Evaluation of Spacecraft Smoke Detector Performance in the Low-Gravity Environment

Fire Saf J. 2018:98:10.1016/j.firesaf.2018.04.004. doi: 10.1016/j.firesaf.2018.04.004.


In the interest of fire prevention, most materials used in the interior construction of manned spacecraft are non-flammable, however, they do produce smoke when overheated. Spacecraft smoke detectors will ideally detect smoke generated by oxidative pyrolysis (such as smoldering) in order to allow the maximum time for the crew to respond before a larger flaming fire develops. An experiment on the International Space Station (ISS) characterized smoke from overheating common spacecraft materials. The following parameters were controlled: heating temperature, air flow past the samples and duration of aging. Two different spacecraft smoke detectors were included in the instrumentation and their performance with different smoke types has been evaluated. Additional equipment in the experiment included a thermal precipitator to sample particles for microscopic analysis upon return to Earth, and three commercial-off-the-shelf real-time instruments to measure particle mass and number concentration, and an ionization detector calibrated to estimate the first moment of the size distribution. Results from the ISS experiment show that smoke particles vary in morphology and average diameter, however, they are not significantly different from smoke particles generated in equivalent experiments performed in normal gravity. The two spacecraft smoke detectors did not successfully detect every type of smoke, which demonstrates that the next generation of spacecraft fire detectors must be improved and tested against smoke from relevant space materials.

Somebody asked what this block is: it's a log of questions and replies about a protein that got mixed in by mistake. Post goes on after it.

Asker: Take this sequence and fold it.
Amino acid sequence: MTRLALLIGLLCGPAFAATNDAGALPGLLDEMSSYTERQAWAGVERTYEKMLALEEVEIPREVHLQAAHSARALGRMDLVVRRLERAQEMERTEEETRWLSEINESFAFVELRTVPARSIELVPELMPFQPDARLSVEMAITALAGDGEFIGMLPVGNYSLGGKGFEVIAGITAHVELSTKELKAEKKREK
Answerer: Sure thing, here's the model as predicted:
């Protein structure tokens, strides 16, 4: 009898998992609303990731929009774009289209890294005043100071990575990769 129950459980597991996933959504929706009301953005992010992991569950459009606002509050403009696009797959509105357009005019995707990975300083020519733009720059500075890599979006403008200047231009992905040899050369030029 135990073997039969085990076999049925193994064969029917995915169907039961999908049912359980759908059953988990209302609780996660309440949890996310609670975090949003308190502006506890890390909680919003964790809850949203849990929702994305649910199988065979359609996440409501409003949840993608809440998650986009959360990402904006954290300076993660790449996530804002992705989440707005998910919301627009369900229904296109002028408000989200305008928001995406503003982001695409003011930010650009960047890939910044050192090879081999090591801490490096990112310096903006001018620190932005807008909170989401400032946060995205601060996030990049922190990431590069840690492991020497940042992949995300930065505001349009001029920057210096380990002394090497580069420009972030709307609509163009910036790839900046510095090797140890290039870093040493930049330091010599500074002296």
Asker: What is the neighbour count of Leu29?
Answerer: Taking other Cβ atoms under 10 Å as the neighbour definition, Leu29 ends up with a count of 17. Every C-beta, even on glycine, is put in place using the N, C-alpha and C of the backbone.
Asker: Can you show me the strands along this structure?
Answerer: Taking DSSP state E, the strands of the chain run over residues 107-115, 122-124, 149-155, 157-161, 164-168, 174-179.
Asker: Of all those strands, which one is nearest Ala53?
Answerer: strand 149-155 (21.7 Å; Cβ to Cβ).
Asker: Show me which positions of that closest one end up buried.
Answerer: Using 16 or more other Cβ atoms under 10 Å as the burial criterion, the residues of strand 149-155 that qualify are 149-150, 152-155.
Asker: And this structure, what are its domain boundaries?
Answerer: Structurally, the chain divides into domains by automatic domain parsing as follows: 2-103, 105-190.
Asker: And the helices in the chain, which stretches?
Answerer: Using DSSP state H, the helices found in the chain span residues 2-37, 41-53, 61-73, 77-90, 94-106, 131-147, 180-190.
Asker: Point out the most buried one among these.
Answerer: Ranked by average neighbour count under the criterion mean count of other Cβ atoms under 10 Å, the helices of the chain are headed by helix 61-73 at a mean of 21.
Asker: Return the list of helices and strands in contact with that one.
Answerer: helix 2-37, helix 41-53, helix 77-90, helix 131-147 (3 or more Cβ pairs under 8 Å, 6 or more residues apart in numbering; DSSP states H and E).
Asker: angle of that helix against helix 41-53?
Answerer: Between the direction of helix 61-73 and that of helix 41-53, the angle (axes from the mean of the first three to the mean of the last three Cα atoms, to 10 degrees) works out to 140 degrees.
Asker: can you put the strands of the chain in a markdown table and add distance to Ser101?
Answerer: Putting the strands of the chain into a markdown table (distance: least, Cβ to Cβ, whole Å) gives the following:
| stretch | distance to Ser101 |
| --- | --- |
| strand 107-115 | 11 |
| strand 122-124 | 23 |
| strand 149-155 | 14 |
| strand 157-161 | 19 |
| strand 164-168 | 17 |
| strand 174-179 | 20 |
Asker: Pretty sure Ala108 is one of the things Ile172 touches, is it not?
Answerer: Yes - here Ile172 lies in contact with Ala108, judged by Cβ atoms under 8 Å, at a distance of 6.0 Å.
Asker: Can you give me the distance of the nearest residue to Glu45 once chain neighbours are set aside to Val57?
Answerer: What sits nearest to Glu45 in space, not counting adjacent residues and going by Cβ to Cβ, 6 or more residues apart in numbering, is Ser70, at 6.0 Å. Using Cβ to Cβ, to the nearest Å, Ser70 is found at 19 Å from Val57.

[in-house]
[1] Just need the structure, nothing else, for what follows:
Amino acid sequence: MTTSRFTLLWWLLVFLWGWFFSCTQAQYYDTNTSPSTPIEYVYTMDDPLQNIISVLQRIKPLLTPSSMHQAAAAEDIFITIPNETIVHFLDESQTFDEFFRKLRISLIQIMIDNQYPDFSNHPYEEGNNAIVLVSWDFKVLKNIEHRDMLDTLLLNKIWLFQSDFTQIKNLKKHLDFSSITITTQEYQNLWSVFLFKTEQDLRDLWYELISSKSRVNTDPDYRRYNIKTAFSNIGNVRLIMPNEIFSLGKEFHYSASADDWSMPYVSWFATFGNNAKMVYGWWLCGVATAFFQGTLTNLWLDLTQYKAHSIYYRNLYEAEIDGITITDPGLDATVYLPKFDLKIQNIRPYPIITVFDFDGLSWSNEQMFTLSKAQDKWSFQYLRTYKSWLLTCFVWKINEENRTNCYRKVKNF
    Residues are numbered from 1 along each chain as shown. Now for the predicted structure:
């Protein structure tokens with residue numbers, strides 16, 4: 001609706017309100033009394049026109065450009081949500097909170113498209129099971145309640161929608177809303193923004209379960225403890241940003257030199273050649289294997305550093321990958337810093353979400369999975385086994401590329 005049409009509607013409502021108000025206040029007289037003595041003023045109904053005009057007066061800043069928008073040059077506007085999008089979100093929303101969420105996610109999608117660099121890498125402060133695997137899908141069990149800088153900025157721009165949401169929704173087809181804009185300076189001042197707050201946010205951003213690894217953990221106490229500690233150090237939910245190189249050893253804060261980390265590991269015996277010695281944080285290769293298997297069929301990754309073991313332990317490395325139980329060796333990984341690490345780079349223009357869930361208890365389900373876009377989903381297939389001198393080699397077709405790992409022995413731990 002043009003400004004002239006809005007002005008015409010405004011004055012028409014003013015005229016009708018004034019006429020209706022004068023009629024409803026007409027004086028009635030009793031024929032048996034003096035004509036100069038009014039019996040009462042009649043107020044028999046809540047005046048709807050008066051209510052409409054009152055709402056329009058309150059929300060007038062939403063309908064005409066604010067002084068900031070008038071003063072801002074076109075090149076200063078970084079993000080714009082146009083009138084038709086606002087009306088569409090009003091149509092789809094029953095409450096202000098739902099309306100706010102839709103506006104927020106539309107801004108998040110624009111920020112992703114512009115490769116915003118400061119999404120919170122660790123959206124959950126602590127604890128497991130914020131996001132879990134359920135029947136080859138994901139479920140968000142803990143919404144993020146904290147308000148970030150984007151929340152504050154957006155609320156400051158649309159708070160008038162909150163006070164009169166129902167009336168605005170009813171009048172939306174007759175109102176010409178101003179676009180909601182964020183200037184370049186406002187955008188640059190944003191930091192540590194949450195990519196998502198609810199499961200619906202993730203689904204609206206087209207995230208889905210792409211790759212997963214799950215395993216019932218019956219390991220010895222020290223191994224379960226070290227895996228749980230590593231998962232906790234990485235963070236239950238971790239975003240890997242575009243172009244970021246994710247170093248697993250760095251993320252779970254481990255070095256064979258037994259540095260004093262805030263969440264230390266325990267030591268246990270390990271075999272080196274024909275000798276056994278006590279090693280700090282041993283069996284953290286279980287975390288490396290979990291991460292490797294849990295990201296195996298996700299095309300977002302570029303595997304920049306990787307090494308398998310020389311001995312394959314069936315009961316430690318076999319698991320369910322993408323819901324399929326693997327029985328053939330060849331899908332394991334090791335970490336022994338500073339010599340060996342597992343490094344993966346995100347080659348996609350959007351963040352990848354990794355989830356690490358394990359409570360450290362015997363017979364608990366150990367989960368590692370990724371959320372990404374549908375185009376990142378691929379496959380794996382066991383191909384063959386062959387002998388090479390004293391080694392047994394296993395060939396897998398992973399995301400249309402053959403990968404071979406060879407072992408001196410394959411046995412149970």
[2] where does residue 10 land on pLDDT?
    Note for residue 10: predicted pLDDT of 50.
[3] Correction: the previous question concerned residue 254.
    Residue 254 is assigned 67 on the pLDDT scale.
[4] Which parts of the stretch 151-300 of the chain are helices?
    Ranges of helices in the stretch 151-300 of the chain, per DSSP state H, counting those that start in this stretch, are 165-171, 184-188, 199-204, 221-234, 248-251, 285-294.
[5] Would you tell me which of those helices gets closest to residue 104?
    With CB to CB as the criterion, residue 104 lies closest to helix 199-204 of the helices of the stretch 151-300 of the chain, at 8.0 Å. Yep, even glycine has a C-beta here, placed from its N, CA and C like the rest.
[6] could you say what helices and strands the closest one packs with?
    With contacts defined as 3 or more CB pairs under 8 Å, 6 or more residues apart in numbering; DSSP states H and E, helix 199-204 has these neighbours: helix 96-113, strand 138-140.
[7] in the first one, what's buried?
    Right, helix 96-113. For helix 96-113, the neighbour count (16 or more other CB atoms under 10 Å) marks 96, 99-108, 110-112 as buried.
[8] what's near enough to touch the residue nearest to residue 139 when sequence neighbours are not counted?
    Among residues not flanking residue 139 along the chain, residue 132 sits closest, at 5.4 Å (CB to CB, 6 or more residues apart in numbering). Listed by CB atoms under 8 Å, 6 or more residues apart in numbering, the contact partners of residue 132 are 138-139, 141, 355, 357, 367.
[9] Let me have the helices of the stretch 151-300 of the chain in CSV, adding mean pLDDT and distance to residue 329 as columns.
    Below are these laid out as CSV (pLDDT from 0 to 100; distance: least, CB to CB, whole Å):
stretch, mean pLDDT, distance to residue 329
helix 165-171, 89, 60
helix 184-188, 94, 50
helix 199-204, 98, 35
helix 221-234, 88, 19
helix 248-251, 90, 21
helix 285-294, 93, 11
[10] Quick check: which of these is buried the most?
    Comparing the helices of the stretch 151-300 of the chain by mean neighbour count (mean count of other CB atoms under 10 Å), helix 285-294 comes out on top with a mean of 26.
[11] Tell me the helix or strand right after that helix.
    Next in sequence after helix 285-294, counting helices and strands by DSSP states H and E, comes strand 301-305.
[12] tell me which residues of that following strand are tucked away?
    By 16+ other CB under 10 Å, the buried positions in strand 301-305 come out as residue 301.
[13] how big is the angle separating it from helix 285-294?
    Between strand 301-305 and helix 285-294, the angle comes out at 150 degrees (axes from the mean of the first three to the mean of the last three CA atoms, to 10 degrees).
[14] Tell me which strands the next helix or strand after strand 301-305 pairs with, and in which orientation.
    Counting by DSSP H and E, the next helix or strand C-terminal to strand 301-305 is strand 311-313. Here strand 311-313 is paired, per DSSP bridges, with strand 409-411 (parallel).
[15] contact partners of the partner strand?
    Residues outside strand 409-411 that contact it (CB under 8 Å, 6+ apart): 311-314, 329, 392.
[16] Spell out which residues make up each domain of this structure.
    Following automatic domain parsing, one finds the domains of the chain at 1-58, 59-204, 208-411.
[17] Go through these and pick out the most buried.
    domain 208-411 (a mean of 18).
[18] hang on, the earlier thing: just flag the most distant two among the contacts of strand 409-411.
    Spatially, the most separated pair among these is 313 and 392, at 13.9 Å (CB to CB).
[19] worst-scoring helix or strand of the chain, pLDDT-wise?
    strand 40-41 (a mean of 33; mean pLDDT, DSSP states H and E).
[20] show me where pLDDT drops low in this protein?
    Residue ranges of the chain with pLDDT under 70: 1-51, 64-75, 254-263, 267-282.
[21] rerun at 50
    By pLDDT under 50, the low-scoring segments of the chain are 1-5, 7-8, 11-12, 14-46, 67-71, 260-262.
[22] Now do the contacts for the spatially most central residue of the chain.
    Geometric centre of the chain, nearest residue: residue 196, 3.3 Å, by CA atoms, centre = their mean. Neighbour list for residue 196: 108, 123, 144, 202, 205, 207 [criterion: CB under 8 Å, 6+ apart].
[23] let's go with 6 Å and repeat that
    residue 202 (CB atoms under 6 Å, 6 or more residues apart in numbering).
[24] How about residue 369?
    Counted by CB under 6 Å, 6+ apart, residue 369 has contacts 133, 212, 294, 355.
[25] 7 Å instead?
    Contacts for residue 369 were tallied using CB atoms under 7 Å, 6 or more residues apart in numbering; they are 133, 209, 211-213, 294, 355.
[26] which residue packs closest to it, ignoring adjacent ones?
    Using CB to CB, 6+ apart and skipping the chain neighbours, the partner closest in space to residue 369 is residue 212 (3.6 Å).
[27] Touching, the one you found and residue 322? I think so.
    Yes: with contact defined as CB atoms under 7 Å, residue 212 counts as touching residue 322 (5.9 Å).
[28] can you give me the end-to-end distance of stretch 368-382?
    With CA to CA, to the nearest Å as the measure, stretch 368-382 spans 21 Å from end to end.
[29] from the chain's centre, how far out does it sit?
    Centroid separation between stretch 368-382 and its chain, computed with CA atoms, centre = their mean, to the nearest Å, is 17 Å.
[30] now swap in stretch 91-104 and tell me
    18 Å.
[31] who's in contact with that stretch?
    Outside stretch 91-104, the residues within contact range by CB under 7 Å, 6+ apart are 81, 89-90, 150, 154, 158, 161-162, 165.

Keywords: Fire Detector; Smoke; microgravity.